Are you surprised that the tram development has got in the way of a major plan for the city?
The news that the re-development of the St James Centre, one of Edinburgh’s most prominent eyesores, is threatened by the decision of the city council to terminate the tram at a crossover set of tram points in the middle of York Place opposite St Paul’s and St George’s Church makes unwelcome reading indeed (News, November 16).
Surely it wouldn’t take much to run the trams just a few yards further to Picardy Place where a site for a permanent tram stop has long been planned? This would at least offer some service to the top of Leith Walk with the Playhouse, the Omni Centre and all the many restaurants in this area close to hand.
If it also then allowed a new King James Hotel to be built on the adjacent site of the current eyesore of a roundabout at Picardy Place, so much the better.
“Elementary my dear Watson” as Sherlock Holmes – whose creator Sir Arthur Conan Doyle was born at this location – might have said!
Lawrence Marshall, chair, Capital Rail Action Group, King’s Road, Portobello
No longer their friends in north
GEORGE Osborne, our Chancellor of the Exchequer, observes to the press that businessmen have asked him about the advisability of investing in an independent Scotland, and John Swinney’s knees immediately jerk – to accuse him of “sabotaging the Scottish economy”.
Get wise, John – if you intend to break up the UK, sabotaging our economy is part of Osborne’s job. Unsurprisingly Westminster increasingly no longer looks on us as friends in the north, but as commercial competitors – an opinion largely driven by the behaviour of Call Me Al and the Blue Face Brigade.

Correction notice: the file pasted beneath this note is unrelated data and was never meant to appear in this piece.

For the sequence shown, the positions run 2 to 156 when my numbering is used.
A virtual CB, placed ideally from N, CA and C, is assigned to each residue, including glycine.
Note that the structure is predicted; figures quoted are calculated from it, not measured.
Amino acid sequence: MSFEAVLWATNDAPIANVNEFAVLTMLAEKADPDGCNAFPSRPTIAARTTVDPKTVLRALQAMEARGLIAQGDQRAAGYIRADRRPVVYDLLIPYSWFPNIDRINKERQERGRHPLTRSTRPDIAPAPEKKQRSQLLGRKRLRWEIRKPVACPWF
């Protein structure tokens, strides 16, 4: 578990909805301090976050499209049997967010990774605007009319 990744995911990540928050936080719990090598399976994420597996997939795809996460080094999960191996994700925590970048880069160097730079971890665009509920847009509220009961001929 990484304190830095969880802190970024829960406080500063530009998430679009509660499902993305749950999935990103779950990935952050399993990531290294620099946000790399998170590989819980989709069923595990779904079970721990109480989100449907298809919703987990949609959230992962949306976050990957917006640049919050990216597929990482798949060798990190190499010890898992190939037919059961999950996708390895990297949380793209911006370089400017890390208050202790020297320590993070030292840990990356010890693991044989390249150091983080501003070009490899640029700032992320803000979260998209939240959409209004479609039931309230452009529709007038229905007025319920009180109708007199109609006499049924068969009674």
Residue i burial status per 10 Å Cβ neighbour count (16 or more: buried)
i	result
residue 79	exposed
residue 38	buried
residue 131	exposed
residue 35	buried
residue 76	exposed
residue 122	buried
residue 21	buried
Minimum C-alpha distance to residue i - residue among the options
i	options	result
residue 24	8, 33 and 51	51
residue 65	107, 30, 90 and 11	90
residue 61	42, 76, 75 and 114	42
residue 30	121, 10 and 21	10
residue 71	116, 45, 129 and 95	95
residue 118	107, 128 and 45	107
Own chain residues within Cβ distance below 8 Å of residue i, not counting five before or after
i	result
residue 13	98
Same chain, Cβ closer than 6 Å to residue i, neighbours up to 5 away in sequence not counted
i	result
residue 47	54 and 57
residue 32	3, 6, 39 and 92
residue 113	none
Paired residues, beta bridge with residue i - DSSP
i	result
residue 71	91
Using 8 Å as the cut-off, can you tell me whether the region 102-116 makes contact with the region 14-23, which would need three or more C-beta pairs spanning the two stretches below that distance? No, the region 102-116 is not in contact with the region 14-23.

If Scotland is to be an independent country again we are going to be in a fight with the UK for every job, every contract, every tourist dollar and every pound of incoming overseas investment. That will be the cost of an independent Scotland, and we had better get used to it.
It’s likely that we have an uncomfortable few years ahead (I wish the SNP would be honest to its vision, and face the possibility) . . . but don’t worry – it could be fun as well.
David Fiddimore, Calton Road, Edinburgh
Bush trial should inspire others
I WAS captivated by your short piece about activists in Malaysia holding a symbolic trial this month against George W Bush and Tony Blair on charges against peace in the Iraq invasion (News, November 15). Apparently the Kuala Lumpur Crimes Tribunal is an initiative of retired prime minister Mahathir Mohamad, who opposed the invasion of Iraq in 2003.
It must be hoped that this initiative will encourage the international community to use this as a springboard to bring these types of trials to reality and punish everyone responsible for their war crimes.
In a separate article on the same page, we learn there is a bloody feud in Libya between rival militias. What a surprise!
The punishment of the people responsible cannot come soon enough for using British aircraft to destroy that wretched but once rapidly developing country and for ousting the leader responsible for that development. They must be held accountable for the atrocities they mercilessly sanctioned.
William Burns, Pennywell Road, Edinburgh
Bus pram policy is just ridiculous
WITH reference to your recent story “Mums rev up for new fight over pram ban” (News, November 14), when my grandson was only three weeks old we were refused travel on the Lothian Buses 44 and 26 services as he was in his pram.
When he was about six weeks old my daughter was bringing him down from Edinburgh and was told that she was not able to travel on the 30 and 26 services as the pram could not fold down in one, and she became very upset and ended up contacting my brother to go and pick her up in his car.
I think the policy is ridiculous and unworkable as all new-born children require to be laid on their back.
David Taylor, South Seton Park, Port Seton